I don’t do easy.

I think our society, as a whole, places an unusual amount of value on the concept of “new beginnings.” Every single year, without fail, there are countless Facebook statuses proclaiming, “New year, new me!” and far too many images on Pinterest stating, “Nothing tastes as good as skinny feels!” and the like. (For the record, everything tastes far better than skinny feels, especially warm gooey butter cake… but I’m getting ahead of myself.) Ahem.

As a PWD (Person With Diabetes, if you didn’t already know), every day is a new beginning. I constantly find myself asking How am I going to make today better? I think about what went wrong the day before. I definitely think about what went right. I most certainly consider what controllable factors could play into my daily self-management, and I try to embrace the possibility of those inevitable uncontrollable factors. Over time, I have learned to expect accept the unexpected. It hasn’t been easy. But things that are easy aren’t always fun, are they? Cleaning the bathroom is easy, but it sucks, and I strongly question the mental state of anyone who just loves to clean the bathroom. Easy things also tend to be forgettable; they end up being items that we file away in the back of our mind to recall when we haven’t anything else to think about. I’ve never been able to accept “easy.” Call it Type A personality traits, perfectionism, just plain being obstinate… I just can’t accept easy.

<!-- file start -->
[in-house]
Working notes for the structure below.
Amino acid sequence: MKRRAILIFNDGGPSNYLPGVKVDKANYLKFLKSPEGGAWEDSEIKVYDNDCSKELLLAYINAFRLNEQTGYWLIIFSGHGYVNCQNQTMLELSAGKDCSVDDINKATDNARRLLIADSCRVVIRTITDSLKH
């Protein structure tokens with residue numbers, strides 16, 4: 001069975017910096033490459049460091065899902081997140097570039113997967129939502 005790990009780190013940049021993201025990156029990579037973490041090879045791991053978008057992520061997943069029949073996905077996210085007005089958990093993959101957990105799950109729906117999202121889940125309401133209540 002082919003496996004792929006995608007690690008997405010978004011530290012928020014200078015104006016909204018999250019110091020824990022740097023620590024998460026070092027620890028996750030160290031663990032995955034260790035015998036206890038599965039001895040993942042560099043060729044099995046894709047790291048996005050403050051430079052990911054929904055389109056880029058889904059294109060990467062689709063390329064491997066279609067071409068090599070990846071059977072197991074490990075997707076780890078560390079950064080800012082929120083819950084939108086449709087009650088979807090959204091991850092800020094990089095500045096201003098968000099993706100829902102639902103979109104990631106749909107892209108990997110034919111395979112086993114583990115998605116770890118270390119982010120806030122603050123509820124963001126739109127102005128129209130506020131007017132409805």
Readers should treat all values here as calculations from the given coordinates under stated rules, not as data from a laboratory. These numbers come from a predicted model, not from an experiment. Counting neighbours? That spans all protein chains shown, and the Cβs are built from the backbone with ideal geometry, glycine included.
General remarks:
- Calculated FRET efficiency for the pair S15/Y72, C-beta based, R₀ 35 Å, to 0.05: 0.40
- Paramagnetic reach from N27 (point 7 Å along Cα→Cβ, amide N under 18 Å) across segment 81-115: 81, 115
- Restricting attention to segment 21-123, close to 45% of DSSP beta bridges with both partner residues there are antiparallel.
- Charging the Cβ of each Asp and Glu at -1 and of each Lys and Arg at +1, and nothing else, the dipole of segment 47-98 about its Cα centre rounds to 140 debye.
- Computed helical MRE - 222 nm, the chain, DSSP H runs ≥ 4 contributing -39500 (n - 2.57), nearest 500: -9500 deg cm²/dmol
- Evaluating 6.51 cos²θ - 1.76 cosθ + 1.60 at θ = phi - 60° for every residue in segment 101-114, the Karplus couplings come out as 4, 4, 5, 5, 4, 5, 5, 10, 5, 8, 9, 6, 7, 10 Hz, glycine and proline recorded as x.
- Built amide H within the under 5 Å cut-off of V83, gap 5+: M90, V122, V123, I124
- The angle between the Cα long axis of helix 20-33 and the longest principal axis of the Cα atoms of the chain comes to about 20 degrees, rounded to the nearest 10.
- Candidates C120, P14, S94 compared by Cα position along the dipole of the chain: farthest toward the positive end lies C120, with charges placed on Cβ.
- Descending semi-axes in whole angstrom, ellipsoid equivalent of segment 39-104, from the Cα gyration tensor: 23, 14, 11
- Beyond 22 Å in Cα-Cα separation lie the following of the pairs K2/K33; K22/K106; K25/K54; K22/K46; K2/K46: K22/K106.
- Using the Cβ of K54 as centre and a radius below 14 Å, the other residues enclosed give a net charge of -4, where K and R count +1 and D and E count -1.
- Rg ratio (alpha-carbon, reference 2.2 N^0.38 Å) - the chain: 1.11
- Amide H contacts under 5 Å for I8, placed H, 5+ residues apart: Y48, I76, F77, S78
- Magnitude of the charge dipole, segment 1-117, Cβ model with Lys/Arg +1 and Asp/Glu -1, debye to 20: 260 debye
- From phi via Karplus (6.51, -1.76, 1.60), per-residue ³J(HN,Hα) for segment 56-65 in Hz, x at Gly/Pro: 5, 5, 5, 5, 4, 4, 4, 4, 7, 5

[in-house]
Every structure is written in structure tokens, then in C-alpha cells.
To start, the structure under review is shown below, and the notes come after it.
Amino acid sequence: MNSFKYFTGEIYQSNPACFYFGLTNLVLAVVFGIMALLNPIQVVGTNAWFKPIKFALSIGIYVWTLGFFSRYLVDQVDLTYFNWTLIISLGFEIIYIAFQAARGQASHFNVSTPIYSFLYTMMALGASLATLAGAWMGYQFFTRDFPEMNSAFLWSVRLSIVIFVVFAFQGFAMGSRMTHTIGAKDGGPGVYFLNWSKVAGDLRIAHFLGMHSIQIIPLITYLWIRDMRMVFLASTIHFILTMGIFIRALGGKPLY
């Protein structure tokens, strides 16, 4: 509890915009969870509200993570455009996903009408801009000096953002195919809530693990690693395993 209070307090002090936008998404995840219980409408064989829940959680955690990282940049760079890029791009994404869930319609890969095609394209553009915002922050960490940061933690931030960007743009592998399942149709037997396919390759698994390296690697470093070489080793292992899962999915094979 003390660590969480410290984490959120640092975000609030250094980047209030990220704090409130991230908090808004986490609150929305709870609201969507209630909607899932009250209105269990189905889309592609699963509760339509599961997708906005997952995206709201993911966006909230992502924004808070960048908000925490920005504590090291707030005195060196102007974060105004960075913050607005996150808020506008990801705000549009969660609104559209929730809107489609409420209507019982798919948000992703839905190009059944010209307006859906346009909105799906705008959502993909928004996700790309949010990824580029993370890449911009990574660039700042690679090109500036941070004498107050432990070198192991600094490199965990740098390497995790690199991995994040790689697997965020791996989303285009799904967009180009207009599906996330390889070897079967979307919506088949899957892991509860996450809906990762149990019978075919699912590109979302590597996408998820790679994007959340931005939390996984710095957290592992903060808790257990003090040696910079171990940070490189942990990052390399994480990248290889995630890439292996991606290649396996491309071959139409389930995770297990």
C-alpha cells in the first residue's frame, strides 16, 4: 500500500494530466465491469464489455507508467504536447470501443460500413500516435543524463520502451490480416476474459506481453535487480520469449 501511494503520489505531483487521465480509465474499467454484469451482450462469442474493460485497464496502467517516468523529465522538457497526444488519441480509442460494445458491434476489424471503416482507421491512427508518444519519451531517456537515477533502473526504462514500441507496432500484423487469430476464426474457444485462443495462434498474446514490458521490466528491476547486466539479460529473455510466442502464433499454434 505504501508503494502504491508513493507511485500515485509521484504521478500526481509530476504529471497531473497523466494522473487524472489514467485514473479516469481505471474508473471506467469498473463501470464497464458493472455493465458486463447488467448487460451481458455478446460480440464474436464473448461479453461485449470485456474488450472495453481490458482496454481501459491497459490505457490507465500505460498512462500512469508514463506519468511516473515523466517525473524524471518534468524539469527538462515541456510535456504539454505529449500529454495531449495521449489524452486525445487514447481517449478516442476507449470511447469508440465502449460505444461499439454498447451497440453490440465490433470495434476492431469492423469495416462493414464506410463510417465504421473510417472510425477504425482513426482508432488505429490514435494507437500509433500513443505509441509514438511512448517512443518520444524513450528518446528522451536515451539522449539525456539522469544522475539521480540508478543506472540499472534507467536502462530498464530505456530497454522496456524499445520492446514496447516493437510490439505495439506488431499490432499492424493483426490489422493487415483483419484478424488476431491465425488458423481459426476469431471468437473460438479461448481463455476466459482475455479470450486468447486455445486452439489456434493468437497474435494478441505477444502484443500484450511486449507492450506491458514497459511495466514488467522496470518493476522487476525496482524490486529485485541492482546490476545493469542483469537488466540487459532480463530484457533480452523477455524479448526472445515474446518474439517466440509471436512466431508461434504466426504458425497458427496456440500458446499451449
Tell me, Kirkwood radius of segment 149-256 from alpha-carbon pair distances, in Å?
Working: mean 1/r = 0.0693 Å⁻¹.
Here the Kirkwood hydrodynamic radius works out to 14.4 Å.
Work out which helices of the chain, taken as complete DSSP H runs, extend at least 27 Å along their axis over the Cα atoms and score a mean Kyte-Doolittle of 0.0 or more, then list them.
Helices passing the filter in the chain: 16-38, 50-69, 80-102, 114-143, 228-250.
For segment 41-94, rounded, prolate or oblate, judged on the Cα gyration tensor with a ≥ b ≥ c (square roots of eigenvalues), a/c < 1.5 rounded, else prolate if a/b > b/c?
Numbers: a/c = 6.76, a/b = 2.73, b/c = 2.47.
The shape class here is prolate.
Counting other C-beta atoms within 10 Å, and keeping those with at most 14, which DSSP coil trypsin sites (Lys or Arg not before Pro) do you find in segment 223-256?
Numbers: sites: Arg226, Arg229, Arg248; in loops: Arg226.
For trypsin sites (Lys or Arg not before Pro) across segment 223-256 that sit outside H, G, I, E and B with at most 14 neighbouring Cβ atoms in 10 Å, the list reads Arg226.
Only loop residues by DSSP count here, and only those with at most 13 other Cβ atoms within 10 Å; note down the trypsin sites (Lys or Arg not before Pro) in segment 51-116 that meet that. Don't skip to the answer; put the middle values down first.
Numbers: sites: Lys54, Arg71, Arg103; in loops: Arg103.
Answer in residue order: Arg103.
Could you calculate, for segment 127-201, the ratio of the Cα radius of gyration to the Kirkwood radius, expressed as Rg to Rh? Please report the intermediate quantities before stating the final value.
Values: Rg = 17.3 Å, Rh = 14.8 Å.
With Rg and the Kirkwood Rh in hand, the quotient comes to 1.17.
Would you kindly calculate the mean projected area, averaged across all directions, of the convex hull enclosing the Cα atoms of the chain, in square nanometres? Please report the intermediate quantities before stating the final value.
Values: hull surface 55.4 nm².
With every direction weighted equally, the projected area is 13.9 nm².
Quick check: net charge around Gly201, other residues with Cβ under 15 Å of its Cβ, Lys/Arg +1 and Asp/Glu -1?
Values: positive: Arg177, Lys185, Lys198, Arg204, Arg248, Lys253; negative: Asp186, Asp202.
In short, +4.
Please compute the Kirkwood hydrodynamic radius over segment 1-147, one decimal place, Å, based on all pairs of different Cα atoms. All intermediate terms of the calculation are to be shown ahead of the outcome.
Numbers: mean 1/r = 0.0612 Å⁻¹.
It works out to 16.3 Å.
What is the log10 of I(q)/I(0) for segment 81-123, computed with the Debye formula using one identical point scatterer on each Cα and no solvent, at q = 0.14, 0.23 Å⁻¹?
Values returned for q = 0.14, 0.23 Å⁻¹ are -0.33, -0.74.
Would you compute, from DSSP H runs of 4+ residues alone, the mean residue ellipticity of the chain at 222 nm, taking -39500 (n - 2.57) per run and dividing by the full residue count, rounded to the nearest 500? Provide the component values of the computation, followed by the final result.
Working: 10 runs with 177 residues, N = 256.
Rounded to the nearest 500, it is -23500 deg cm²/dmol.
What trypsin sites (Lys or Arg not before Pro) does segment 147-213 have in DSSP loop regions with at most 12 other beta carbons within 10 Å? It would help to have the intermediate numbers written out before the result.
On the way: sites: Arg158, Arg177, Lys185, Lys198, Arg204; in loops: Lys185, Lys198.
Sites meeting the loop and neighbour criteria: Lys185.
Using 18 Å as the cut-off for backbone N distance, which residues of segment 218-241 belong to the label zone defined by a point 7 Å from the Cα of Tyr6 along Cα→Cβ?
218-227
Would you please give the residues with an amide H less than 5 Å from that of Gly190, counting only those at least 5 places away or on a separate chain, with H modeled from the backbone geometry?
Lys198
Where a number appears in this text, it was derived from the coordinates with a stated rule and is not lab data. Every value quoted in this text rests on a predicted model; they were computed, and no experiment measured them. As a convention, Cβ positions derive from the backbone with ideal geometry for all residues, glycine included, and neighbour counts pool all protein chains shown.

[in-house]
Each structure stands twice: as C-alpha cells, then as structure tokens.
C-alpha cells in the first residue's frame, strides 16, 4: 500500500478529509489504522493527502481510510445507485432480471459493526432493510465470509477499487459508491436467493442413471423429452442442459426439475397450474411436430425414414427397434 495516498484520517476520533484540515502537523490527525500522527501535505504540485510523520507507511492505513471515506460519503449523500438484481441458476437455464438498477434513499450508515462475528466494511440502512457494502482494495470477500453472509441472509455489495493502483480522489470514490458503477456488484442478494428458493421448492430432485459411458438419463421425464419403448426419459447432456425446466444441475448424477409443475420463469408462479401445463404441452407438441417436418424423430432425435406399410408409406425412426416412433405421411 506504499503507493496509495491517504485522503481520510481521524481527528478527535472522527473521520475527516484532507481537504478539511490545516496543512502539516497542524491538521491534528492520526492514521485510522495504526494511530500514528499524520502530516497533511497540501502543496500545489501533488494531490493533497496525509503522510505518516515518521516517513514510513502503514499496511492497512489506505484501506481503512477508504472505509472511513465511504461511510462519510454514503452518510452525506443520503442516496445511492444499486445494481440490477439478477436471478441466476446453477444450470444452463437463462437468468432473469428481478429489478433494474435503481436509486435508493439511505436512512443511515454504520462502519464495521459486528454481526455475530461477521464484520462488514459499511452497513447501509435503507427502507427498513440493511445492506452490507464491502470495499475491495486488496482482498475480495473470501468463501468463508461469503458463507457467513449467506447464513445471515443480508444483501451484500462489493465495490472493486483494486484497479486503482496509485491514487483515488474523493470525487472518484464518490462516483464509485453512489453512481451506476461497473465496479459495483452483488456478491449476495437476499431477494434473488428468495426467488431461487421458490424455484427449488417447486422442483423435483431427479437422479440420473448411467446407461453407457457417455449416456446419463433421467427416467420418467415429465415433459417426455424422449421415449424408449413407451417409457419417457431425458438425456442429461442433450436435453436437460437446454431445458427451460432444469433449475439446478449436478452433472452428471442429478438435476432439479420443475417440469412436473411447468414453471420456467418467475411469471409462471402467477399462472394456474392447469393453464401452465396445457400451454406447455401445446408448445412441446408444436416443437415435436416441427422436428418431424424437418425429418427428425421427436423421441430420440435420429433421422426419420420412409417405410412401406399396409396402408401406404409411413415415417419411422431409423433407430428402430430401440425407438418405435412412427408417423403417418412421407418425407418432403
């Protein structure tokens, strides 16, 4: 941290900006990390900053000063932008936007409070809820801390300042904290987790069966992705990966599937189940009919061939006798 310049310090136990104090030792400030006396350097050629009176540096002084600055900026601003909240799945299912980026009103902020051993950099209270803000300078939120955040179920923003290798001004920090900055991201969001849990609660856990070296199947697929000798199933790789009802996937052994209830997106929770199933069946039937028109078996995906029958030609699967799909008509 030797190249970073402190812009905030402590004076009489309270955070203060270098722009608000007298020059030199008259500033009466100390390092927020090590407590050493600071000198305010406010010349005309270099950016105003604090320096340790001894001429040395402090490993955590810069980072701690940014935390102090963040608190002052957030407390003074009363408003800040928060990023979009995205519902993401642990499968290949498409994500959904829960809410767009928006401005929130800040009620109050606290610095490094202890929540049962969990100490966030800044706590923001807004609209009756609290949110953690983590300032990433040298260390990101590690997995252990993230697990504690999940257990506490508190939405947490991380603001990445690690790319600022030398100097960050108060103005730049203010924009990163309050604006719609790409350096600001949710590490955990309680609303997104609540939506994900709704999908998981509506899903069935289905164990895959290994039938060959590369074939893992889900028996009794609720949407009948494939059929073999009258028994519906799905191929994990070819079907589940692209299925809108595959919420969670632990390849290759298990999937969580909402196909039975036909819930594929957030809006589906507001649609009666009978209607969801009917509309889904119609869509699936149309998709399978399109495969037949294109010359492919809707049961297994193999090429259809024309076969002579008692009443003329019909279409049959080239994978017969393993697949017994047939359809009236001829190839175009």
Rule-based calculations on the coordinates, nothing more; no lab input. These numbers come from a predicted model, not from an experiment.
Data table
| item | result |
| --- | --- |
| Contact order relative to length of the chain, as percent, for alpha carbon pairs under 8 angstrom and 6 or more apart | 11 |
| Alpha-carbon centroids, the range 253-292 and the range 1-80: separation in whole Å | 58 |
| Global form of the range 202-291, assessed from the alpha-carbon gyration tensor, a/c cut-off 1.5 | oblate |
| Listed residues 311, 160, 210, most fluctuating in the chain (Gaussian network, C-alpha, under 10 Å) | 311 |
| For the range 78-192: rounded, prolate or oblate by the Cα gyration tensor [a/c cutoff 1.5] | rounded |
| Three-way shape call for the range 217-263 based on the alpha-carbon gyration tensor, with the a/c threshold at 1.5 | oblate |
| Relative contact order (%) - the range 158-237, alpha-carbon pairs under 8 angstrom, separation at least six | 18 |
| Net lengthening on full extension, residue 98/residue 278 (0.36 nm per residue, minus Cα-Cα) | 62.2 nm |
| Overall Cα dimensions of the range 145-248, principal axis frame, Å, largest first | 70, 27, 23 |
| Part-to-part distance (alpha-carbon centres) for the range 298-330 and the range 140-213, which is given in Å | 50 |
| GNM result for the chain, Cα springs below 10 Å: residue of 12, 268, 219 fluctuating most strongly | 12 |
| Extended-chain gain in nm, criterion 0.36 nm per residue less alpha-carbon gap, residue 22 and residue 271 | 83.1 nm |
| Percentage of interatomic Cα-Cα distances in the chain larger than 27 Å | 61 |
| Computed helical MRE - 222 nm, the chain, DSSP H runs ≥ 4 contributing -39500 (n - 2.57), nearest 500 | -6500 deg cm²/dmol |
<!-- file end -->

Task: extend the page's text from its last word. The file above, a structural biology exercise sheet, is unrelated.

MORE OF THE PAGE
I have, however, accepted the fact that diabetes and I were always meant to be. Had my pancreas not decided to be an unreliable, lazy freeloader, I don’t know if I would have ever developed the drive to go any farther with my life and career goals. It was most certainly not easy. I didn’t think I’d ever be able to count carbs or dose insulin properly, let alone make it through the night without dying. (All typical PWD fears, right?!) I still have days where I “quit being diabetic,” and my mother looks up from testing her own BG and rolls her eyes. I never quit for long. My parents didn’t raise a quitter. I realized about a year post-diagnosis that D and I were in it for the long run.

That was when everything started to make sense.

I learned how to keep going. I really learned self-advocacy. I learned that the fact that I cannot accept “easy” was not, in fact, a character flaw, but instead was a crucial skill that I possess. I took that skill and channeled it into my goals, and I set out to accomplish them. I start on a new goal next month: to become a damn good nurse. Diapathetic, RN, if you will, and thankyouverymuch. I don’t expect it to be easy but, then again, I don’t really do easy, now do I?

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